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Green energy is all the rage, and Ohio is jumping on the bandwagon with little regard for financial considerations. The proposed offshore wind turbine project in Lake Erie is an example of wasteful spending in the name of going green and creating jobs.
About $18 billion is needed for wind farm construction in Australia to meet government renewable energy targets. But weak electricity prices and a troubled subsidy scheme threaten to jeopardise returns on projects. ...Without subsidies, current electricity prices would need to triple to justify new wind capacity, which costs about $2.5 million per megawatt to build.
New Jersey's Division of Rate Counsel estimates that building 1,100 megawatts of offshore wind capability could cost $5.6 billion over the next 20 years and cost average ratepayers $5 to $8 surcharges on their monthly bills.
Last month, the State of Massachusetts approved the most expensive power purchase agreement in the country -- a 15-year contract negotiated between Cape Wind and National Grid to sell one-half the project's 468 megawatts at 18.7 cents per kilowatt hour.
As many as 1,700 green energy jobs in southwestern Ontario are to be announced this week, according to Queen's Park sources. The announcements are part of an energy policy blitz as the provincial Liberal government tries to take the offensive on the energy file.
Europe's energy consumers must pay 20 cents per kWh generated, plus an additional 5 cents per kWh for transmission costs. They must pay this regardless of whether they need the electricity at the moment, and despite the fact that a kWh of wind electricity is worth less than 3 cents on the Leipzig Power Exchange, due to the intermittent and highly variable nature of wind.
South Dakota's wind energy industry is confident that if given the right incentives, short-term production gains would be a boon for the state's economy, and in 15 years, the state could be producing 10 times as much energy from wind as it is today. ...Not everyone shares this optimistic view. "Your state is being used because it has land," was the blunt assessment of Lisa Linowes, executive director of the New Hampshire-based activist group Wind Action. Linowes said the wind industry's economic forecasts typically don't take into account higher utility rates or the unreliability of wind as a power source. That the industry has potential to expand is a testament to years of government preference, not merit, she said.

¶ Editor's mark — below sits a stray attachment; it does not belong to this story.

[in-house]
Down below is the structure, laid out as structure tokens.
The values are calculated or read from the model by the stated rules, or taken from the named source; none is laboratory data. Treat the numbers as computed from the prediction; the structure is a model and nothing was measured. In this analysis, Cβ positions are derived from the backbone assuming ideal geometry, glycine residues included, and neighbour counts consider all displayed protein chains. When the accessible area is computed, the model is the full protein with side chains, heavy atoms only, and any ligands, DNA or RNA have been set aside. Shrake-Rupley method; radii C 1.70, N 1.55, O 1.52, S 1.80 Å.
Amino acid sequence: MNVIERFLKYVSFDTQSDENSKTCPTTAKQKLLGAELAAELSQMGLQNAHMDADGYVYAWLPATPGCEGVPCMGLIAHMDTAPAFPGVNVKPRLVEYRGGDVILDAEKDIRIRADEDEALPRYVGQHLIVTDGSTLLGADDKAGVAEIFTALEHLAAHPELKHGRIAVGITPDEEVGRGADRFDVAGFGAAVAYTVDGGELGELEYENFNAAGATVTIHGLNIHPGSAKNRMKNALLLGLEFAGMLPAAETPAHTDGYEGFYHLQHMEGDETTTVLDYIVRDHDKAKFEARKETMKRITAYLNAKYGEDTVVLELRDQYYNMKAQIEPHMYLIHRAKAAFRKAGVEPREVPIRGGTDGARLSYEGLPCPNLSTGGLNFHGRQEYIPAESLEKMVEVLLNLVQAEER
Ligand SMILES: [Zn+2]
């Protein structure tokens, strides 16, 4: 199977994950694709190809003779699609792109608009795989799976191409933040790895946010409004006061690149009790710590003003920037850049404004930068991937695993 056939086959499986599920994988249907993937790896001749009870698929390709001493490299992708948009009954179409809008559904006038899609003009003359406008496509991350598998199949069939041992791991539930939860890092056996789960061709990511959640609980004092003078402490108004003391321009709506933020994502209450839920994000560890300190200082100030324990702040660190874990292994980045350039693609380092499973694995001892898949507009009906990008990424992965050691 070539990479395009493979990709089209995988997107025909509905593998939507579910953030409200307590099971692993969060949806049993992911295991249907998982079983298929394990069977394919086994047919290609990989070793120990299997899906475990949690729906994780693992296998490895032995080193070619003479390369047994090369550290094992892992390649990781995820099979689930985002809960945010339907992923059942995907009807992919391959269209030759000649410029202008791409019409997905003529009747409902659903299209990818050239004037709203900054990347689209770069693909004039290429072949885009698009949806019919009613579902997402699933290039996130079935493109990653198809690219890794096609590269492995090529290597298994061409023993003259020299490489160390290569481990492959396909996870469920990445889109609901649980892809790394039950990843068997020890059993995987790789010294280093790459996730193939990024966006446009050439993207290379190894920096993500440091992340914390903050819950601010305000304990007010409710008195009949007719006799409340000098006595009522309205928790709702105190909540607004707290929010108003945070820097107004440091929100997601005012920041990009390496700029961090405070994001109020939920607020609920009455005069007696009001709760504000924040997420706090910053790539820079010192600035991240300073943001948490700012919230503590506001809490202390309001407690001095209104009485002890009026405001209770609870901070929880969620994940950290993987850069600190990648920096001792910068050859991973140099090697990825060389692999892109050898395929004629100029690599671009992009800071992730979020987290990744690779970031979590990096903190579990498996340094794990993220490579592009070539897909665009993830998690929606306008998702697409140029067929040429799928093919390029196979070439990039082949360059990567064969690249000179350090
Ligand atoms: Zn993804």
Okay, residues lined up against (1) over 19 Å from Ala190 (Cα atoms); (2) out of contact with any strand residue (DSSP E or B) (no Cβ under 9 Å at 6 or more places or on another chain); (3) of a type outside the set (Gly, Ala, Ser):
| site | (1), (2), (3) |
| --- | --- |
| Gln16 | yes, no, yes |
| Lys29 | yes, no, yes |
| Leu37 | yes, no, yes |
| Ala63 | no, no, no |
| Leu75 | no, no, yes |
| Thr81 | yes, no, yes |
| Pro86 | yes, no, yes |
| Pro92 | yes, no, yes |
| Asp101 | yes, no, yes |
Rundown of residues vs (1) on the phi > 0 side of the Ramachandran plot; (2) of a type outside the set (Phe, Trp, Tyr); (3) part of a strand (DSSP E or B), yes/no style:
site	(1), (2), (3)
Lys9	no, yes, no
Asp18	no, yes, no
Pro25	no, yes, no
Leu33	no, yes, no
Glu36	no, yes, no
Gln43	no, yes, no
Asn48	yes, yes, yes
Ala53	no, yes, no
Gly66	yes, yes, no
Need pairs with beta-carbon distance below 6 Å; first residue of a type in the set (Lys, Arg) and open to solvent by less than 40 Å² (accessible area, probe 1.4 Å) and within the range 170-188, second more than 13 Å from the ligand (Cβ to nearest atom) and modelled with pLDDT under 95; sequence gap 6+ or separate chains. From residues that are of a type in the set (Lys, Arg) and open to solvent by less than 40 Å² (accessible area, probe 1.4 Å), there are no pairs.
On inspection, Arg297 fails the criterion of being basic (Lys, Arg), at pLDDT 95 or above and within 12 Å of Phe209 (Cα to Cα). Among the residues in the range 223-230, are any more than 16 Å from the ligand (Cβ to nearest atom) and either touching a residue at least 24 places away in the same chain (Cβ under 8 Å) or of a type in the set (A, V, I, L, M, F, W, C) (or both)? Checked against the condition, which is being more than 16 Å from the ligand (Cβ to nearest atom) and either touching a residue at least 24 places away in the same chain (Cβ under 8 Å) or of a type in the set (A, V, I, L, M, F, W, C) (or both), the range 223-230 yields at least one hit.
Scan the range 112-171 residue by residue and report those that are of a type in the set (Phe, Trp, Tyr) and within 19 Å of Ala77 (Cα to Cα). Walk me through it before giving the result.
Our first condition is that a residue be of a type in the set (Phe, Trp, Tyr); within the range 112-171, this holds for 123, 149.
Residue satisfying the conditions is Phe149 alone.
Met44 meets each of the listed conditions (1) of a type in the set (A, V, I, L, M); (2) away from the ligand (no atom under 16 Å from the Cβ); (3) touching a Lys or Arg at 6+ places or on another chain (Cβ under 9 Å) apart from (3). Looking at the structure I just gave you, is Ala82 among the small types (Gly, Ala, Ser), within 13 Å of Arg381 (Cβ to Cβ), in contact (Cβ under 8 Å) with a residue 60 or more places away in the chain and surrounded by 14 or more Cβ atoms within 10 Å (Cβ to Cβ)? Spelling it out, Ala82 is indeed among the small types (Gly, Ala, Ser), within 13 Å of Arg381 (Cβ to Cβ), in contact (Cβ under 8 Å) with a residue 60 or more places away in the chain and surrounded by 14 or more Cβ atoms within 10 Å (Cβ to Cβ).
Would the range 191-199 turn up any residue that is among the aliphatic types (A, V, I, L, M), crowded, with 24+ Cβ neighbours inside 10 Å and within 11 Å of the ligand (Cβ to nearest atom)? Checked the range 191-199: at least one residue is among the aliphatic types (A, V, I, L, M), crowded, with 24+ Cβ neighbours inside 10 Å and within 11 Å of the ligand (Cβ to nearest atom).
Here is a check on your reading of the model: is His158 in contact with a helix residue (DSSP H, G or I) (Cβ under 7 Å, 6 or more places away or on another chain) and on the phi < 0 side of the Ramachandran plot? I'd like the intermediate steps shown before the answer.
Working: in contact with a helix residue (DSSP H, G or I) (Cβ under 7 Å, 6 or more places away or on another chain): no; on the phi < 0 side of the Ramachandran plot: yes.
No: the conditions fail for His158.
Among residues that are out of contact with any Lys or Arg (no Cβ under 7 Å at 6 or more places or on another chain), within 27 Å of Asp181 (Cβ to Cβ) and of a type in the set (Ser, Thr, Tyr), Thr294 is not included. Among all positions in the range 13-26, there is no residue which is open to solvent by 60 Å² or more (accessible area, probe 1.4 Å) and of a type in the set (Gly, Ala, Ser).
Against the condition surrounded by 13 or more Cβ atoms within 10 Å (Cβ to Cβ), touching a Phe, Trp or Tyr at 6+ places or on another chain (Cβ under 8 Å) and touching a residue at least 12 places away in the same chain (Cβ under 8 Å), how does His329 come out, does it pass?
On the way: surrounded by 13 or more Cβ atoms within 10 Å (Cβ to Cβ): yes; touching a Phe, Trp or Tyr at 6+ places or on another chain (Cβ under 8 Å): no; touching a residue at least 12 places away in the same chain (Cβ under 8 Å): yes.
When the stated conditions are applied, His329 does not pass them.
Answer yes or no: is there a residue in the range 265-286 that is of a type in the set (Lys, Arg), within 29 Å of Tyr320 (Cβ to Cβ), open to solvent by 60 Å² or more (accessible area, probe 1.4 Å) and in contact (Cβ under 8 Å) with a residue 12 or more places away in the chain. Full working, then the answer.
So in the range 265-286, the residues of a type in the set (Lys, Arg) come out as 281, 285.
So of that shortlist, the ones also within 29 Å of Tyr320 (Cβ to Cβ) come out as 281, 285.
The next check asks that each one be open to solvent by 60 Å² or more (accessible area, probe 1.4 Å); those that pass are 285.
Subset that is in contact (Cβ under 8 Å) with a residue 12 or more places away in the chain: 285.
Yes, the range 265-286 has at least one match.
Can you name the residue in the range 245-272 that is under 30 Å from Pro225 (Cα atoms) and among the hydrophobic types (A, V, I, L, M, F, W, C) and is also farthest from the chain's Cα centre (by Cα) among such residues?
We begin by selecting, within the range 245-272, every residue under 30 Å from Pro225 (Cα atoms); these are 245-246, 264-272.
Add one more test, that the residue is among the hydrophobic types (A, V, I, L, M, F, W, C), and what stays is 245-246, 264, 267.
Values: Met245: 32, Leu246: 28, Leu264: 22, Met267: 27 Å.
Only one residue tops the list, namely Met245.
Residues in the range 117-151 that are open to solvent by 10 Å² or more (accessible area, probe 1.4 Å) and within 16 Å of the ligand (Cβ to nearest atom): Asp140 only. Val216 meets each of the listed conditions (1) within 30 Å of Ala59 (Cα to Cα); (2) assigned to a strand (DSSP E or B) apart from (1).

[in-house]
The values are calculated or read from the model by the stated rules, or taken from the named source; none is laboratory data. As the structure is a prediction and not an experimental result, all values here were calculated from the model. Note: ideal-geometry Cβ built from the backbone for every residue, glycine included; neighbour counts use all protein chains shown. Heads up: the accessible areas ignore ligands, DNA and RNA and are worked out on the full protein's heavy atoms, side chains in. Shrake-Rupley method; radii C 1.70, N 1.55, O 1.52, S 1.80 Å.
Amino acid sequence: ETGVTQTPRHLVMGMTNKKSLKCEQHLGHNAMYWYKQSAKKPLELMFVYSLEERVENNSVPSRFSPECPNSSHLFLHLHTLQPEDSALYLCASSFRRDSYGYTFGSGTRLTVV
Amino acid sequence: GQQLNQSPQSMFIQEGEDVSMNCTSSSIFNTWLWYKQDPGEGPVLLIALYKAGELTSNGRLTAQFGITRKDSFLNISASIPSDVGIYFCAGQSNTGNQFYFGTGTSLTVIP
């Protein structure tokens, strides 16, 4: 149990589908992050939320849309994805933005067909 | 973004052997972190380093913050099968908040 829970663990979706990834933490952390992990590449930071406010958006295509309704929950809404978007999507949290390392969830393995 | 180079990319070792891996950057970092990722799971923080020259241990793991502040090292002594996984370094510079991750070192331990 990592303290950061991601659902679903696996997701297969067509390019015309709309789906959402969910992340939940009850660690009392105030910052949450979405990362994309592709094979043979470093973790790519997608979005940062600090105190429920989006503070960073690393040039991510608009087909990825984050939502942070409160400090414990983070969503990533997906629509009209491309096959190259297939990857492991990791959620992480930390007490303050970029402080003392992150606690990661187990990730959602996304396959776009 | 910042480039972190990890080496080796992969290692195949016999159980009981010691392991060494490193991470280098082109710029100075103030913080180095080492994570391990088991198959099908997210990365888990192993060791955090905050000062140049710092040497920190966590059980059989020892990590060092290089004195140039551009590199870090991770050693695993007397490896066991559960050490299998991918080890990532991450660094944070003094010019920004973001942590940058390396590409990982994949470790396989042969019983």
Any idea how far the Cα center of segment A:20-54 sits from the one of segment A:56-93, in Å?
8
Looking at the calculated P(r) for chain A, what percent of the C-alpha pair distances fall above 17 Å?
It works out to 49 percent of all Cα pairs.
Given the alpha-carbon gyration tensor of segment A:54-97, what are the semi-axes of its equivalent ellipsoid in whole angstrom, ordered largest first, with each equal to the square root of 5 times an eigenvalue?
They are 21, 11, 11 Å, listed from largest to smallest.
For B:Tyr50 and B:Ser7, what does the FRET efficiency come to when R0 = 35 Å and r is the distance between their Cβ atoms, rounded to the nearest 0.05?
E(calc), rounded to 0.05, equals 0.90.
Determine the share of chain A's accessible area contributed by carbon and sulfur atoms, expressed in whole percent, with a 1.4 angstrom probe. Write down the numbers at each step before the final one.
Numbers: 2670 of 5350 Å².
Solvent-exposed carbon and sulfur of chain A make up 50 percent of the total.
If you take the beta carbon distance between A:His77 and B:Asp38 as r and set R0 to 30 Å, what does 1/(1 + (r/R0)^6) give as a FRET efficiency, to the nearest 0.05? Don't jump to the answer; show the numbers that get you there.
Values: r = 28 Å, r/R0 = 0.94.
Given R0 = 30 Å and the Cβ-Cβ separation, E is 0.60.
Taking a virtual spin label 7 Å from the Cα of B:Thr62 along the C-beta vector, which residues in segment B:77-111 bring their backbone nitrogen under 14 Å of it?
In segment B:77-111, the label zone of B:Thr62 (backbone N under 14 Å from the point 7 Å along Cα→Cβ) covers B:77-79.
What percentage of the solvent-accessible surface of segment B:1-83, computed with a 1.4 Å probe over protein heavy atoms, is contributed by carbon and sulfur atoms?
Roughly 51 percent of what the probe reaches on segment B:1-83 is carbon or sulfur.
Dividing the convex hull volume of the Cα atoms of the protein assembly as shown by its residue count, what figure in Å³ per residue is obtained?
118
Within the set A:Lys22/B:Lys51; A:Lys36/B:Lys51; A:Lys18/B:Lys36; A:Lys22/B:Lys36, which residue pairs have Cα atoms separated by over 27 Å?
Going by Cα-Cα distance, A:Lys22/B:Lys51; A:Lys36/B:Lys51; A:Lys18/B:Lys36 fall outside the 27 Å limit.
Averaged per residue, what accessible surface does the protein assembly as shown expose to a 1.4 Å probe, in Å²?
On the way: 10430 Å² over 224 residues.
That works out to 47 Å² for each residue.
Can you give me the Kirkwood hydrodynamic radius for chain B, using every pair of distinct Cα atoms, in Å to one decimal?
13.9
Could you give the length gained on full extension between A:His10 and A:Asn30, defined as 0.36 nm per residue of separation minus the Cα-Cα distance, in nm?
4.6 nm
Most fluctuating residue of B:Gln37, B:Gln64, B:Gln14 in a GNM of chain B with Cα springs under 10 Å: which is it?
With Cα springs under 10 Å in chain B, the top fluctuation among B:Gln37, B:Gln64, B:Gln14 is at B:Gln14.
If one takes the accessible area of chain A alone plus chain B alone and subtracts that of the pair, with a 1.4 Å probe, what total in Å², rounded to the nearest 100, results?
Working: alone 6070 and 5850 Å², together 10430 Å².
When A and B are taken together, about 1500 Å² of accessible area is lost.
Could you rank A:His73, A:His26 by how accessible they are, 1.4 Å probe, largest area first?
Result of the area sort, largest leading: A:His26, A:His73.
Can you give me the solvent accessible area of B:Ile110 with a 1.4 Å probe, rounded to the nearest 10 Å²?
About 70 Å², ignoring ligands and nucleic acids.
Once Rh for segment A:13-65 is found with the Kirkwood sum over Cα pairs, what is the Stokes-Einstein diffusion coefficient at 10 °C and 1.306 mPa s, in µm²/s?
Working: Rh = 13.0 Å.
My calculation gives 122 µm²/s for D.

First Wind Holdings Inc., the operator of wind-energy projects backed by D.E. Shaw & Co. and Madison Dearborn Partners LLC, said it withdrew its initial public offering because of unfavorable market conditions. The company had already postponed an offering of 12 million Class A shares at $18 to $20 each last month.
Ontario unveiled a sweeping long-term power plan on Tuesday that throws the province's support squarely behind renewable energy, but also brought bad news for consumers who will see their electricity bills double by 2030.
Minnkota President and CEO Dave Loer said with a soft economy, there are few buyers. The company is buying energy at an average price of $.045 from wind developers and selling to the surplus energy market at about $.02, Loer said. "That translates for us into about a $20 million loss," Loer said.